While I disagree in part with some of the points made in the editorial, the concluding paragraph sums my sentiments up quite nicely:
"Put this way, it sounds obvious, but it isn’t what we’re doing. Skills-based standards ignore the basic fact that language learning must occur in a meaningful context. The basis for higher-level learning — for philosophy, psychology, literature, even political science — is the emotions and impulses people feel every day. If we leave them out of the picture, reading is bled of much of its purpose."
I have written here and in other places before about response to text. The works (poems, stories, novels, and nonfiction) that stay with me long after the reading is complete are those that strike a resonant cord within me as a reader. They are the texts that exact or elicit an emotional response of some kind. Here are just a few of my favorites.
The opening scene in THE WATSONS GO TO BIRMINGHAM, 1963 is snortingly funny. Not just a chuckle, a guffaw. Stuck to the sideview mirror by his lips.
The scene in JACK ON THE TRACKS as Jack gets even with his sister by lowering a palmetto bug on a string down to her mouth (which is open as she is snoring) and then waking her in time to see this huge bug almost on her face. Ick!
When Jonas in THE GIVER learns what "release" really means. Punch in the gut moment, right?
FAITHFUL ELEPHANTS. If you have read the book, you know. If not, grab the book and some Kellenx, too.
"The Little Boy and the Old Man" by Shel Silverstein. You begin by laughing, if a bot ruefully, and end with tears.
EVERY MINUTE ON EARTH full of facts that make me laugh.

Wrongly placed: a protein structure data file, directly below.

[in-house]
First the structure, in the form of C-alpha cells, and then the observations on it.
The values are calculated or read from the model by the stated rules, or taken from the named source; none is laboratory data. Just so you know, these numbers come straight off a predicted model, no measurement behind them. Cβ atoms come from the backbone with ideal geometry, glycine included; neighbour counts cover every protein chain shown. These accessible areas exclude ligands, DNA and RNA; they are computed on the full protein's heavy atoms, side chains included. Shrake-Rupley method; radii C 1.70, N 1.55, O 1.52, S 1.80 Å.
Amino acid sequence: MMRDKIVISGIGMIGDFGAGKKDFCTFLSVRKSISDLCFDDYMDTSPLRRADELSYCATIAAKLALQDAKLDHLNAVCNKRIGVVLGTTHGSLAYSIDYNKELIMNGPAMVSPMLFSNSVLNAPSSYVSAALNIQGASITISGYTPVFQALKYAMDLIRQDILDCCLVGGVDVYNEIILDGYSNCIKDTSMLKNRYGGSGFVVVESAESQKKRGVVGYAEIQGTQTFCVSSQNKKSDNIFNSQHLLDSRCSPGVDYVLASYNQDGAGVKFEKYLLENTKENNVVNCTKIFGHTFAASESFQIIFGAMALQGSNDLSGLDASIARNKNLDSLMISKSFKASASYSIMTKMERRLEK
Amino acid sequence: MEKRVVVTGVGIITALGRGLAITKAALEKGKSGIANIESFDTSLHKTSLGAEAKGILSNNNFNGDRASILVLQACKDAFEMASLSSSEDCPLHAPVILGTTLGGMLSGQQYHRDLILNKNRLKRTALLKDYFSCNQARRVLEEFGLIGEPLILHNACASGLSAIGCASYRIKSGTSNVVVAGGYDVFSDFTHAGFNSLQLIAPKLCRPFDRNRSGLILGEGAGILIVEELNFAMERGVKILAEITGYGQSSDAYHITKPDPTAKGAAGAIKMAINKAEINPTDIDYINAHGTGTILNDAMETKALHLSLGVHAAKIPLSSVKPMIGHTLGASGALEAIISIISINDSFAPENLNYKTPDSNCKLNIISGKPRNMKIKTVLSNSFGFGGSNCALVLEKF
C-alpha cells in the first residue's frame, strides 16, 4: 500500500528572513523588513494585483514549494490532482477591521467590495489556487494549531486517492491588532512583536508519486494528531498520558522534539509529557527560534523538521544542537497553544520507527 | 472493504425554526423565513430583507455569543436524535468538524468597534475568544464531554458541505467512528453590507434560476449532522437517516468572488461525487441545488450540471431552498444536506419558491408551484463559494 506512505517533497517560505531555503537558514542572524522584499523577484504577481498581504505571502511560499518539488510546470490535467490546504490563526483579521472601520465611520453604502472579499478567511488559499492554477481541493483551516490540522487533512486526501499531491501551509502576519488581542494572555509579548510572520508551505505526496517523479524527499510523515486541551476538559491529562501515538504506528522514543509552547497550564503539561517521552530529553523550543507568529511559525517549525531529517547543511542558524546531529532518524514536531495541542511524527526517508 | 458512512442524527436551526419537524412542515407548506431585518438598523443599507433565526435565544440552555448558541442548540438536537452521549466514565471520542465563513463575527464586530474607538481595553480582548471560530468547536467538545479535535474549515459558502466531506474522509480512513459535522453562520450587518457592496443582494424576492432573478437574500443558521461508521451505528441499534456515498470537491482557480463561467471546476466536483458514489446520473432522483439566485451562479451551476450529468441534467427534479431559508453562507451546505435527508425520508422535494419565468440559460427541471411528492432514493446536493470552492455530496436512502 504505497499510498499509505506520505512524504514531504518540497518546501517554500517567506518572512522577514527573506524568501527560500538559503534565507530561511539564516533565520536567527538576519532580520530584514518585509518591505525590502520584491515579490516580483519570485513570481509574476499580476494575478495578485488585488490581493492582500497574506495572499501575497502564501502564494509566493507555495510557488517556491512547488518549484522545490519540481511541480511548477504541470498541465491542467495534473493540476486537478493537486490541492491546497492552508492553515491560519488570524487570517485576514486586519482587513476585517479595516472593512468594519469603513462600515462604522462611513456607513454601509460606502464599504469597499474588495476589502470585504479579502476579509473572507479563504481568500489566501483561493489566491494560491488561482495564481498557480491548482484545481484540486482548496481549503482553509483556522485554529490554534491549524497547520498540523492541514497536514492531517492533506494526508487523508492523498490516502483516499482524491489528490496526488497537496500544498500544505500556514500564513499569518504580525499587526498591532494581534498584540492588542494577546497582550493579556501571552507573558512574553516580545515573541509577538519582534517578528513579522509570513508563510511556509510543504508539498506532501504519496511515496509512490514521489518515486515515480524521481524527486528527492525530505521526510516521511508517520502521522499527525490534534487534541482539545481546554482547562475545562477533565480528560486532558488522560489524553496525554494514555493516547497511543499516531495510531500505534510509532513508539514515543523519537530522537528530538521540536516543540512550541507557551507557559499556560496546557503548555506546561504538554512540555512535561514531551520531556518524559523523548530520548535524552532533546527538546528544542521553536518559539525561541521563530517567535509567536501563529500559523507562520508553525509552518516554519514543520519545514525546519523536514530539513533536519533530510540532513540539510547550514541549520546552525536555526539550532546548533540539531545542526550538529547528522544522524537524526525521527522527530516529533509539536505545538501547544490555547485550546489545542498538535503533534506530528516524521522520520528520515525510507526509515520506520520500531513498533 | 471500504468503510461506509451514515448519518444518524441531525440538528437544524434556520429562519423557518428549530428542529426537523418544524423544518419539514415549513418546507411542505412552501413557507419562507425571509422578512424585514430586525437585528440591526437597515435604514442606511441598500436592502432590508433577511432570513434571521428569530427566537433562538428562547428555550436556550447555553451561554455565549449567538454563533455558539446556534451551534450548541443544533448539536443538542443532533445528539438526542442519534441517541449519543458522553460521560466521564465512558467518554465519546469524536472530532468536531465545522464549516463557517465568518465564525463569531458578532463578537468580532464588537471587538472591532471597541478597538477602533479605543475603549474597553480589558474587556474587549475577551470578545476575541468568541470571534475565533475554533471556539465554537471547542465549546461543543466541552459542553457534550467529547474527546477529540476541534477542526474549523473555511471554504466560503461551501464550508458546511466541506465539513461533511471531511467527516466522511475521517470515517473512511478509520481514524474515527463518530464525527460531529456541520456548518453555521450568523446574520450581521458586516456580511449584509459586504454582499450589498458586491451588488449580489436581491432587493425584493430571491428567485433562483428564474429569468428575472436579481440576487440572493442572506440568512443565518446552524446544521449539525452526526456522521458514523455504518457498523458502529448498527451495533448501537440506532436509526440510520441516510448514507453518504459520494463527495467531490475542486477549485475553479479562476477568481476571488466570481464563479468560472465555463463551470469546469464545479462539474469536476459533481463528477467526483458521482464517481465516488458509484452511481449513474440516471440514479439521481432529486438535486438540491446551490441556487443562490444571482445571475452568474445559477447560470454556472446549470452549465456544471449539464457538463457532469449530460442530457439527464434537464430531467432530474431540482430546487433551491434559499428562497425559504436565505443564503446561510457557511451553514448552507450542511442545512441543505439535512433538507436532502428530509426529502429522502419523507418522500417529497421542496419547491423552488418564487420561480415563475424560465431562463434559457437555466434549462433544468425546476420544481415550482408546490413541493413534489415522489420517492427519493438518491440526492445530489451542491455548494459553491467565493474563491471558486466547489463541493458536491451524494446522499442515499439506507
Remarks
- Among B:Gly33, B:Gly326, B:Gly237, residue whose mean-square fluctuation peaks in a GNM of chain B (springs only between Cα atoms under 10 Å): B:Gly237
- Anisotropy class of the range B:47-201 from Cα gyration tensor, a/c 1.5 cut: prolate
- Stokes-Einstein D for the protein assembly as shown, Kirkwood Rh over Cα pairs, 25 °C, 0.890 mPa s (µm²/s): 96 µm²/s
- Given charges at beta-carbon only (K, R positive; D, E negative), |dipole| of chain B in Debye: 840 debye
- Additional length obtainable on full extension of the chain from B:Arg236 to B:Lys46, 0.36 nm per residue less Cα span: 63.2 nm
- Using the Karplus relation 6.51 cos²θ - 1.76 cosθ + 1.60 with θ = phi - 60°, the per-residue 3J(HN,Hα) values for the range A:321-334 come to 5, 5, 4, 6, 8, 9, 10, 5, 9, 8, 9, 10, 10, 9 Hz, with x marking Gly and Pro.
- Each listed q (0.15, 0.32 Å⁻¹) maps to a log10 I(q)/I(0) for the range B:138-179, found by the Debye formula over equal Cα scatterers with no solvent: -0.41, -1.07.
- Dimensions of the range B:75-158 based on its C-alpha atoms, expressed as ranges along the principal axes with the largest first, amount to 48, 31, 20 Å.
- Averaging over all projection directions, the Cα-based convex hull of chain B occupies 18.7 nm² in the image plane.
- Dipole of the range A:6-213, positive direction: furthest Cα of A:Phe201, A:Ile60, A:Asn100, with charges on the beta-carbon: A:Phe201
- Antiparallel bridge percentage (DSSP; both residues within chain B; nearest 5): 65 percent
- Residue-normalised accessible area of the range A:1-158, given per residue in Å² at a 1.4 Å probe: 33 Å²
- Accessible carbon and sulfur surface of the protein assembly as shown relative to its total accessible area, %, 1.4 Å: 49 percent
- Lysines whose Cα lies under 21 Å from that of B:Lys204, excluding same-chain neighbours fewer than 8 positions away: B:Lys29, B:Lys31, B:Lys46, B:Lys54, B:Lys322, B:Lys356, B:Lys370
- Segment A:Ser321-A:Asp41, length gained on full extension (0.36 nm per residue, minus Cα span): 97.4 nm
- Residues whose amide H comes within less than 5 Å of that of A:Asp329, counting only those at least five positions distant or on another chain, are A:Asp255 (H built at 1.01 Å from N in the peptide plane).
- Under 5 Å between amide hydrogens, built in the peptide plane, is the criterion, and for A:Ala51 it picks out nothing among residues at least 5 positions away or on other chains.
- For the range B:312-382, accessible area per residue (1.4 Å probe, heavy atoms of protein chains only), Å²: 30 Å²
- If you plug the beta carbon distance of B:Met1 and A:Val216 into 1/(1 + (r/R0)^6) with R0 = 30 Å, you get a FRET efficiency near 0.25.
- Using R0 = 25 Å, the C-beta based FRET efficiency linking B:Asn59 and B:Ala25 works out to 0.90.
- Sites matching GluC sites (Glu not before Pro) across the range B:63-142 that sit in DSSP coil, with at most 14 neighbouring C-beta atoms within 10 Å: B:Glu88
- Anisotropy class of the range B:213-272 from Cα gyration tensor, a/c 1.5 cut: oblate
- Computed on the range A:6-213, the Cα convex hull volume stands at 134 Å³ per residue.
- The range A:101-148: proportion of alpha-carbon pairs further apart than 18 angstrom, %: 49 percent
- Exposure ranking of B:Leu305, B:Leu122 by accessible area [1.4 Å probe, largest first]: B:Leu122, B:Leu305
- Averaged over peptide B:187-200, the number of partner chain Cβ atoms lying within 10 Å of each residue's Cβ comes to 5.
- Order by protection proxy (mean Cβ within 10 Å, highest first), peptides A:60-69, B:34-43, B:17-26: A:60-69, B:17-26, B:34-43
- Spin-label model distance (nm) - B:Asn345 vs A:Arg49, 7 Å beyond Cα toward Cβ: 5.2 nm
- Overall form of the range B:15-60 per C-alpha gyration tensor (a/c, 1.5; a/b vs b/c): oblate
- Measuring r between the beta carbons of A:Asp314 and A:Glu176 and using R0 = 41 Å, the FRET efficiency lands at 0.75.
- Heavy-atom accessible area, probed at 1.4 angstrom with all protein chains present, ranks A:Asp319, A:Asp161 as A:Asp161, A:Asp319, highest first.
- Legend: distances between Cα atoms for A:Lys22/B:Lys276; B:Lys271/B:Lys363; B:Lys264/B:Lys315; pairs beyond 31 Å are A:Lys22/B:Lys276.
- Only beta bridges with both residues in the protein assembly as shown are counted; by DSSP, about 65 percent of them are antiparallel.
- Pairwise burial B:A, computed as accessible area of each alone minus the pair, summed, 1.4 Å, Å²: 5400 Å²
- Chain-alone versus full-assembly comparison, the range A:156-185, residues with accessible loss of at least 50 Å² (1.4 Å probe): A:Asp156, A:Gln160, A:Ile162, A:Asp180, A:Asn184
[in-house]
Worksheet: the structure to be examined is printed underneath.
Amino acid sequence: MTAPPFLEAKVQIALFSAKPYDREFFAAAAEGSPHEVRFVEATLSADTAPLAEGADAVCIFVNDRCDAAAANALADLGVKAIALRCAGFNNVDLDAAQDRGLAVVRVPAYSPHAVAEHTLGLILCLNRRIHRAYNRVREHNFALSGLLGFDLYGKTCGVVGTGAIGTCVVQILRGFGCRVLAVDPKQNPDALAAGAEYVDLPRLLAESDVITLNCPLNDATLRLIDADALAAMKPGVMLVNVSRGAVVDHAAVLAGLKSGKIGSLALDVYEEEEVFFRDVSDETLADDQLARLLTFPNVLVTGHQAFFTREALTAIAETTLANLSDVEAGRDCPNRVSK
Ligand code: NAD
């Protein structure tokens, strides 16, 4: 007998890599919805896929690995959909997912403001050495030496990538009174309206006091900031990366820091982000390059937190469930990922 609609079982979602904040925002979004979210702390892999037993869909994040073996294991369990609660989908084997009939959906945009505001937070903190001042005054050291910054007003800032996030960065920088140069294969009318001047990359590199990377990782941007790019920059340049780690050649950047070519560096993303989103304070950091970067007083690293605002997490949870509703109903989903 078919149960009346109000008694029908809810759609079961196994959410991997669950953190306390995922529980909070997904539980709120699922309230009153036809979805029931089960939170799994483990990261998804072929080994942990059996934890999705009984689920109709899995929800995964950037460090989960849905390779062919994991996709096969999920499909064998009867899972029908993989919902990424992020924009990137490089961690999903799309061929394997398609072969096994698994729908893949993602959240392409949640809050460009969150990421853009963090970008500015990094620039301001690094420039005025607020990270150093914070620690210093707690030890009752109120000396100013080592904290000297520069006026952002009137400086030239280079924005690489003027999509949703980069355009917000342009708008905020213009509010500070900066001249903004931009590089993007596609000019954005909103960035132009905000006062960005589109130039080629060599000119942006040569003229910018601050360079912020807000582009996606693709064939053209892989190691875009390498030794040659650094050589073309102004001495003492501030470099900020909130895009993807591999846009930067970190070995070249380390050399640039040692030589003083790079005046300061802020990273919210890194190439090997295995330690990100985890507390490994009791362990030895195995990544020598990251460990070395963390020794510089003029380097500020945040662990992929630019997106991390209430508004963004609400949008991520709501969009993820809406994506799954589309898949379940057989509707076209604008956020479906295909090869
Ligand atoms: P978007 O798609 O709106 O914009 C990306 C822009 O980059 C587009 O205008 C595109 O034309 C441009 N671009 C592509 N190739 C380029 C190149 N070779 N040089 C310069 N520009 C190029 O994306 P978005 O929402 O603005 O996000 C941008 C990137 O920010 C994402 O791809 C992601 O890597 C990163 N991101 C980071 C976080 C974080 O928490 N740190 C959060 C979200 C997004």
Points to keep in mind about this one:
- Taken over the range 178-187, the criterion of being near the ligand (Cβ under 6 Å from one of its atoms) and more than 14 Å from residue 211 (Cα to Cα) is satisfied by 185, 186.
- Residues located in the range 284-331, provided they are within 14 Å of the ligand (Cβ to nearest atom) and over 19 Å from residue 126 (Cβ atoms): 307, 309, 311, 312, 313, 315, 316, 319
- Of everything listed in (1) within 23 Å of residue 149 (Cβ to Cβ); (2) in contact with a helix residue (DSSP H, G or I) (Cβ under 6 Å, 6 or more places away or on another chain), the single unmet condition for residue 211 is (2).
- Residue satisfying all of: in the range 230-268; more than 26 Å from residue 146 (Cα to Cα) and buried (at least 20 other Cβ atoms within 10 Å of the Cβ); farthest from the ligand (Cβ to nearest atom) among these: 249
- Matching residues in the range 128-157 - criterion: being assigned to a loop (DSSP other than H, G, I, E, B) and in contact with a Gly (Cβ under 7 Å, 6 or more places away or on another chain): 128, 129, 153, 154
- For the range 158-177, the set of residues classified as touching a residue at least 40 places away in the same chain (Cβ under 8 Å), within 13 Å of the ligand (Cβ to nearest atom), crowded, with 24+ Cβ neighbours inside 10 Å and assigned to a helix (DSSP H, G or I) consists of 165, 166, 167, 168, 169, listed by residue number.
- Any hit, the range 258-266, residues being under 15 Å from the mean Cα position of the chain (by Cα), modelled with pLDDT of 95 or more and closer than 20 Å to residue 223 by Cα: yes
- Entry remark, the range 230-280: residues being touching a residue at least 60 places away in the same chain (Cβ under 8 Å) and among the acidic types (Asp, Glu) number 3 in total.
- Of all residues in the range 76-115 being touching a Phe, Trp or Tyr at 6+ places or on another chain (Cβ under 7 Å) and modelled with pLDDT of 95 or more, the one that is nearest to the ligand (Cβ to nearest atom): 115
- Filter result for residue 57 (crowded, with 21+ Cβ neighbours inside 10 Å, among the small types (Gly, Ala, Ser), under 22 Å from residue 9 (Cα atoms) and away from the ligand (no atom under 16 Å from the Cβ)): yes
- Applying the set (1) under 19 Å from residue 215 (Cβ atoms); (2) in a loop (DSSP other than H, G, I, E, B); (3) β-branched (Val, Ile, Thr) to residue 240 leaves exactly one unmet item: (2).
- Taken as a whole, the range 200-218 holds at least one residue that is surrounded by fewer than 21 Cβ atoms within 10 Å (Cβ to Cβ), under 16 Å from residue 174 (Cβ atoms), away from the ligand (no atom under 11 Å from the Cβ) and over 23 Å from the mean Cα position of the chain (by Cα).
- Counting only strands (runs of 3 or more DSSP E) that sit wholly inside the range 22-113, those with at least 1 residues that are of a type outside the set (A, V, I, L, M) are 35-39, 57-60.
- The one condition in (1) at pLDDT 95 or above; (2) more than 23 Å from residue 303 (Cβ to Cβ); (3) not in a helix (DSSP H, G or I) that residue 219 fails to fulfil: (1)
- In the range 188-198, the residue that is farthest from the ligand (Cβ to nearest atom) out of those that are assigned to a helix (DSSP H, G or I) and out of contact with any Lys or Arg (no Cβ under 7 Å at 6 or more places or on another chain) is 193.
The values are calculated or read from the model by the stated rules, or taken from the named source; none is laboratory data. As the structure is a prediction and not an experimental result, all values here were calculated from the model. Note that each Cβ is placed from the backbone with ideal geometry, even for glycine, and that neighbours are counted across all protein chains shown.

Books that cause me to respond on the emotional level keep me going as a reader. I know that sometimes I must read for information, for meaning, for advice, for knowledge. But without the opportunity to read texts that speak to me on a personal level, I think that I would not read nearly as much as I do. I think our entry point with kids is with books that speak to them, that are written for them. Unfortunately, too much of the CCSS Exemplars were never penned with a kid audience in mind. Yet, somehow, we have forced these books on kids because they are "good for them." And we force them on kids much too early in some cases, too.
Think about the insanity of making kids read PLAYS, for instance. This makes no sense whatsoever to me. I watched the Tony Awards last night and loved seeing MATILDA and other books acted out on stage. Why would I want to read the book from the show in lieu of seeing the show itself? That is the insanity of reading Shakespeare flat on a page instead of performed as the author intended.
We need to make sure kids feel connected to books, that we create that community of readers, that we honor interests and preferences, that we provice choice, and that we offer something for each and every kid.